Nurse Patricia lived what many could only dream of
Updated: Jan 10, 2022
Nurse Patricia Cummings
Meeting U.S President, First Lady, Vice President and Second Gentleman
Nurse Patricia Cummings was a guest on the well-sought after White House Invitation List for this year’s 4th July Independence celebration. The invitation offered her an opportunity to be on the lawns and a chance encounter with President Joe Biden and first lady Dr. Jill Biden, which she said was an overwhelming experience. But her presence there was not as part of the political or Washington elite but acknowledgement and appreciation for the role she has and continued played in the ongoing nationwide COVID-19 vaccination programme.
Patricia sees herself as a Guyanese representative, an ambassador in the United States of America (USA). She was born in Bartica but spent more of her early childhood in Berbice and Georgetown. She attended West Ruimveldt Primary School in Georgetown and was taught by Sir Wilfred Success, whom she referred to as “best elementary school teacher there is.” At age 10 she migrated to St Lucia with her family, where she completed high school education at St Joseph’s Convent. Shortly after, the Cummings family migrated to the USA where she presently resides.
On December 29, 2020 hers was the task to administer the COVID-19 vaccine to then Vice President-elect Kamala Harris and incoming second gentleman Doug Emoff.
Patricia is the Clinical Nurse Manager of United Medical Centre, Washington D.C, the Centre identified to administer the vaccine to Harris and Emoff. Having done that she now holds the distinction of being a woman of colour to vaccinate the first woman of color elected to the White House and the second most powerful leader in the world, along with the first second gentleman in U.S’ history. Added to that experience was the opportunity to personally meet both President Biden and Dr. Biden on 4th July. Hers were opportunities many dream of but few have realised. She reiterated how humbled she remains by these experiences.
2005 - Associate in Applied Science in Nursing (cum laude) – Medgar Evers College
2008 - Bachelor of Science in Nursing (magna cum laude) – Medgar Evers College
2021 - Master of Science in Nursing (MSN) – Walden University
COVID-19 and vaccine hesitancy
Last April, appearing in the Nursing Journal in a Question and Answer (Q & A) article, Patricia she was asked, based on her experience, what are the leading factors behind some minority communities’ hesitance toward receiving the COVID-19 vaccine.
She responded that hesitancy is due primarily to lack of trust in the U.S. healthcare system. This mistrust she said stemmed from misinformation related to the pandemic, especially during its initial phases; the fear of being used as guinea pigs, citing the Tuskegee Experiment in which African American males were deceived into believing that they were receiving treatment for syphilis.
She further cited the case of Henrietta Lacks, a Black woman from Baltimore, whose cells were used in 1951 without her permission to develop drugs for treatment of numerous diseases such as leukemia and Parkinson’s disease. Patricia also noted there exists skepticism about the short timeframe in which the vaccine was developed — about 10 months — when, historically, it has typically taken 2-3 years.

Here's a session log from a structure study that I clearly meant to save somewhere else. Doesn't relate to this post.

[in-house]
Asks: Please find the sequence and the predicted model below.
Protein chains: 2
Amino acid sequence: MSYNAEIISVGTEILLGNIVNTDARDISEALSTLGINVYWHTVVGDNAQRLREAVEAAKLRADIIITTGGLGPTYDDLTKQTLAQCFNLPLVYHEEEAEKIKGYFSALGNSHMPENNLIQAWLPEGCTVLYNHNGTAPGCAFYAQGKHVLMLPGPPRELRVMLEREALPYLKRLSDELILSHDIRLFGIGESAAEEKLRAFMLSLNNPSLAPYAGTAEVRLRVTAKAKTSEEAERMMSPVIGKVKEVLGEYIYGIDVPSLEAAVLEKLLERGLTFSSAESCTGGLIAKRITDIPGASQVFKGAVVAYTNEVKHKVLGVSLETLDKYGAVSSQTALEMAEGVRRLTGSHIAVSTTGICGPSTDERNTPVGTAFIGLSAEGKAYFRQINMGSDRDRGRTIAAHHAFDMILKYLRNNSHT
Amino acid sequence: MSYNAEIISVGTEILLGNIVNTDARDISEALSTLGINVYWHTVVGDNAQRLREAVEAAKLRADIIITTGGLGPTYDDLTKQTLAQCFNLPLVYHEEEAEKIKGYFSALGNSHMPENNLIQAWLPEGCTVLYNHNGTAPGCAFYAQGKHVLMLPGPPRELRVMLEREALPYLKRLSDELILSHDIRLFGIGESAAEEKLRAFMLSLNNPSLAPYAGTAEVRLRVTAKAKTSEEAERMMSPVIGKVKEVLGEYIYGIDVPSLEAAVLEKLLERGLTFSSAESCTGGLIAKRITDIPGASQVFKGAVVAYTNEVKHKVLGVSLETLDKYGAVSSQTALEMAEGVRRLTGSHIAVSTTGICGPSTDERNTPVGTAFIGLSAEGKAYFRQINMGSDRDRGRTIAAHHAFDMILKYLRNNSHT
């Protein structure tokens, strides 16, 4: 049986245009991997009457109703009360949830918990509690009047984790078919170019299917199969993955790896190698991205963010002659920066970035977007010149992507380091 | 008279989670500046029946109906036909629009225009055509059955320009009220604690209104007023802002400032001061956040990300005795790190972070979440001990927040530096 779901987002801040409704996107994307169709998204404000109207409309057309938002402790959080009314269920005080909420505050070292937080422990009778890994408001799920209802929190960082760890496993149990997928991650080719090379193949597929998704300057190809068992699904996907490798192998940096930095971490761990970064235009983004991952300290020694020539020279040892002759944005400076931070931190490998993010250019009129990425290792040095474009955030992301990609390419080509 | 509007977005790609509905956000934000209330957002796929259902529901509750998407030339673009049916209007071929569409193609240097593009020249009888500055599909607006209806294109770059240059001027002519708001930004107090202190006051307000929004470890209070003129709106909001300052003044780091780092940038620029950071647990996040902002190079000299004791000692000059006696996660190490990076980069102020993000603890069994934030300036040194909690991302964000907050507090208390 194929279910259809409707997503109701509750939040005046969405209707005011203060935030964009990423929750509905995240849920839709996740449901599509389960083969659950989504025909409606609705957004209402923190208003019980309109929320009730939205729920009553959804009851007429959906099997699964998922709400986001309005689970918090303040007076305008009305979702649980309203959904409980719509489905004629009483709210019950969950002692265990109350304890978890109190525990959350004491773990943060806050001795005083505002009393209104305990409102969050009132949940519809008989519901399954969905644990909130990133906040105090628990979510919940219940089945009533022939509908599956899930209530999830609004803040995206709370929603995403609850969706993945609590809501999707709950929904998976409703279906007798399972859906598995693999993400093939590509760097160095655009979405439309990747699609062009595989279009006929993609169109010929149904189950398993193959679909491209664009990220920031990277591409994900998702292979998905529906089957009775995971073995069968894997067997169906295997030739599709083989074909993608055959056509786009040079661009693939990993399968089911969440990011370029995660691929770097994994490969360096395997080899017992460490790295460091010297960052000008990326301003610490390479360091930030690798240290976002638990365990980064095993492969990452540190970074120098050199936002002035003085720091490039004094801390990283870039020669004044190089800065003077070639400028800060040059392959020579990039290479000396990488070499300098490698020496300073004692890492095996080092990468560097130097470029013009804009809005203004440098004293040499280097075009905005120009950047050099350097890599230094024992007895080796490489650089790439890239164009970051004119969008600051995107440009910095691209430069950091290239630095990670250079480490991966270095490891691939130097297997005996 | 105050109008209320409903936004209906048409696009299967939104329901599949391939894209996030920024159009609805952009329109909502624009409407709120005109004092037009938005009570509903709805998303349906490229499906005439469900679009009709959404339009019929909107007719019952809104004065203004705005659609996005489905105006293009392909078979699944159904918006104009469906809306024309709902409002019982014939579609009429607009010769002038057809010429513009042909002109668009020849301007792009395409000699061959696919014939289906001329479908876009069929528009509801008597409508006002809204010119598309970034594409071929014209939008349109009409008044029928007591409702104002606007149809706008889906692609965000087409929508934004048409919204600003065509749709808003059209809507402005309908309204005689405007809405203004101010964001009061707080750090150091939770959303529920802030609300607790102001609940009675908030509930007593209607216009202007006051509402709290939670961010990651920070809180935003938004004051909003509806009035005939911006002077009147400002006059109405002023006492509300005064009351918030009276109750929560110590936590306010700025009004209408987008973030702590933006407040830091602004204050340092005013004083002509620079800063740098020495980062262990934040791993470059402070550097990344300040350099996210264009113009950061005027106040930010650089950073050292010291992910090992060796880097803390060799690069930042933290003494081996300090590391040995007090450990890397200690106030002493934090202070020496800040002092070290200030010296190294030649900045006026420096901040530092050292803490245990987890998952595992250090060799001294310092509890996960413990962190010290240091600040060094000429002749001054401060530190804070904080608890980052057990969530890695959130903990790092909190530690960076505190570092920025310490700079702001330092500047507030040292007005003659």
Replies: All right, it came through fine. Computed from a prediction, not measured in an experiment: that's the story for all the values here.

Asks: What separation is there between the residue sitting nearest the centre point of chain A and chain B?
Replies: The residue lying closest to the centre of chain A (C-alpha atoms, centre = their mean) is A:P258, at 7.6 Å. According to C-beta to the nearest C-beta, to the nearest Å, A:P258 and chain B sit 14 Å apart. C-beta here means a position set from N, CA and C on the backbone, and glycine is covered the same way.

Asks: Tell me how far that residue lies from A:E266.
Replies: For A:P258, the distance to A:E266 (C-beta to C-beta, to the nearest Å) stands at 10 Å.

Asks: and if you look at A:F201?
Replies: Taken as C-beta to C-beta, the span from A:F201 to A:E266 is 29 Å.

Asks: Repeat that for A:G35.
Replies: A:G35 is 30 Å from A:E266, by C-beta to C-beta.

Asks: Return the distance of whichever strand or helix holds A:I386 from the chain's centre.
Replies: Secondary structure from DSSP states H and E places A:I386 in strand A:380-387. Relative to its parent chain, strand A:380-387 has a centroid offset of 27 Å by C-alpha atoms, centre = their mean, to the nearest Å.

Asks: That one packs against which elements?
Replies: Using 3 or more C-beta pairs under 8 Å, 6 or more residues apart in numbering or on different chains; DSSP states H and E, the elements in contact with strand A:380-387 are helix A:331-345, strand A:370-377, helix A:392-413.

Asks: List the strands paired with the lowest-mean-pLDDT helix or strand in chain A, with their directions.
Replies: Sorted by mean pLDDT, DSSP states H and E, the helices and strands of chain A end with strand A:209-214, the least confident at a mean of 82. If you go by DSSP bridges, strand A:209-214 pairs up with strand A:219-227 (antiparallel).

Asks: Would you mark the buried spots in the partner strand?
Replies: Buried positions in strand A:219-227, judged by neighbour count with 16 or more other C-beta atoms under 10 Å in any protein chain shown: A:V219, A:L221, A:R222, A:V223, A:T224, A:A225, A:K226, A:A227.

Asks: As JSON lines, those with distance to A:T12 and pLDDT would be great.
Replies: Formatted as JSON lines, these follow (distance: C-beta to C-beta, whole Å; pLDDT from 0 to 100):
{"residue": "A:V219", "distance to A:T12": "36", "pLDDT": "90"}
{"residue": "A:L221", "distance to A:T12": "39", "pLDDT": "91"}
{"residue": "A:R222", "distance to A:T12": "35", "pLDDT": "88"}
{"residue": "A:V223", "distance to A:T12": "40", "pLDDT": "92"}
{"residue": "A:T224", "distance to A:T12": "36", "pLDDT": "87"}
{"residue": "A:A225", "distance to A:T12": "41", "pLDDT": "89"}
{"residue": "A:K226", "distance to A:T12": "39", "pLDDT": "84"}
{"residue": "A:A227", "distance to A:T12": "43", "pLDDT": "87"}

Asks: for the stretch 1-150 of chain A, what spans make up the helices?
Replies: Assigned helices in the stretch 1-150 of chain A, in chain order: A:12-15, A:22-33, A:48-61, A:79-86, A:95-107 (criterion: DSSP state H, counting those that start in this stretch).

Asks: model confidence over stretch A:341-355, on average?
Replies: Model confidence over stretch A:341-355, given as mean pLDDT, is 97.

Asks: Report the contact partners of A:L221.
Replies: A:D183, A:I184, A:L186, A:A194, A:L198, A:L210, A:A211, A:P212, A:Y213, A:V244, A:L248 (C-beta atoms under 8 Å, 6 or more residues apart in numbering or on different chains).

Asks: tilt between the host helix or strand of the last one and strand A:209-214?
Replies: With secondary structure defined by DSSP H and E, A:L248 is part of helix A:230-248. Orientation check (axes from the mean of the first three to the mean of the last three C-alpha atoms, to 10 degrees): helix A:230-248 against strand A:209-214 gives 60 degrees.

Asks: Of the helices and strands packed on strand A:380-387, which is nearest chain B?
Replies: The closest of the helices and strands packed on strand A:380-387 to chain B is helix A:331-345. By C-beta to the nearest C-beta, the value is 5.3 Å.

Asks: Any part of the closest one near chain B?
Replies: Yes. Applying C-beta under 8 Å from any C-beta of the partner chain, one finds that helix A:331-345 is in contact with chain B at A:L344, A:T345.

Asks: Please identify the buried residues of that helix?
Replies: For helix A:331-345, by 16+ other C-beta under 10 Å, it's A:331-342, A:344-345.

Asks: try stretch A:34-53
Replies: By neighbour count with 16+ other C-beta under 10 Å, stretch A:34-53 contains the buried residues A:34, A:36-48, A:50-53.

She was posed the follow-up question on what steps are being taken by healthcare leaders to increase trust toward healthcare services within the minority communities. She noted that with first-hand access to scientific information related to the vaccine healthcare leaders are using these as trusted sources to educate patients, colleagues, family members about the vaccine safety and efficacy, and are also sharing their experience having taken the vaccine as a measure of building trust.
Community outreach and future
Last Monday evening, Patricia appeared on the Mark Benschop’s “Straight Up” programme. She announced there that she will be visiting Guyana shortly and has established a relationship with the Ministry of Health and other officials to engage in community outreach and spread information and knowledge on the virus and vaccination and dispel existing fears. She sees her trip, which she said is being sponsored, as doing her part to help in whatever way she can to fight the pandemic.
In the meantime, Patricia has established a website https://www.nursepatricia.com, to provide information on the pandemic and vaccine, and health and wellness in general. Outside of nursing, she is also involved in social justice issues. Patricia said she partners with various organizations, including the JRG Entertainment and New York-based Caribbean Power Jam Radio in a program called RESET. According to her RESET holds meeting every Friday to talk about the pandemic, health, racial injustice and other issues that affect peoples from the black and brown communities.
Patricia hinted on the Benschop’s program of her intent to write a book sometime in the future about her experience. And who knows what else may be in store her- a biopic, her role in vaccinating Harris and Emoff in a movie? Who knows? Americans are particular about preserving history and it would be no surprise if the scrubs she wore on December 29 would be part of the artefacts in the Smithsonian Museum.
Nurse Sandra Lindsay - a Jamaican who migrated to the USA at age 18 - was the first in America to receive the vaccine, i.e., December 14, 2020. Lindsay will have her hospital scrubs, vaccination card and badge she wore on that day when she received her first dose displayed at the COVID-19 exhibit in the Smithsonian Museum of American History.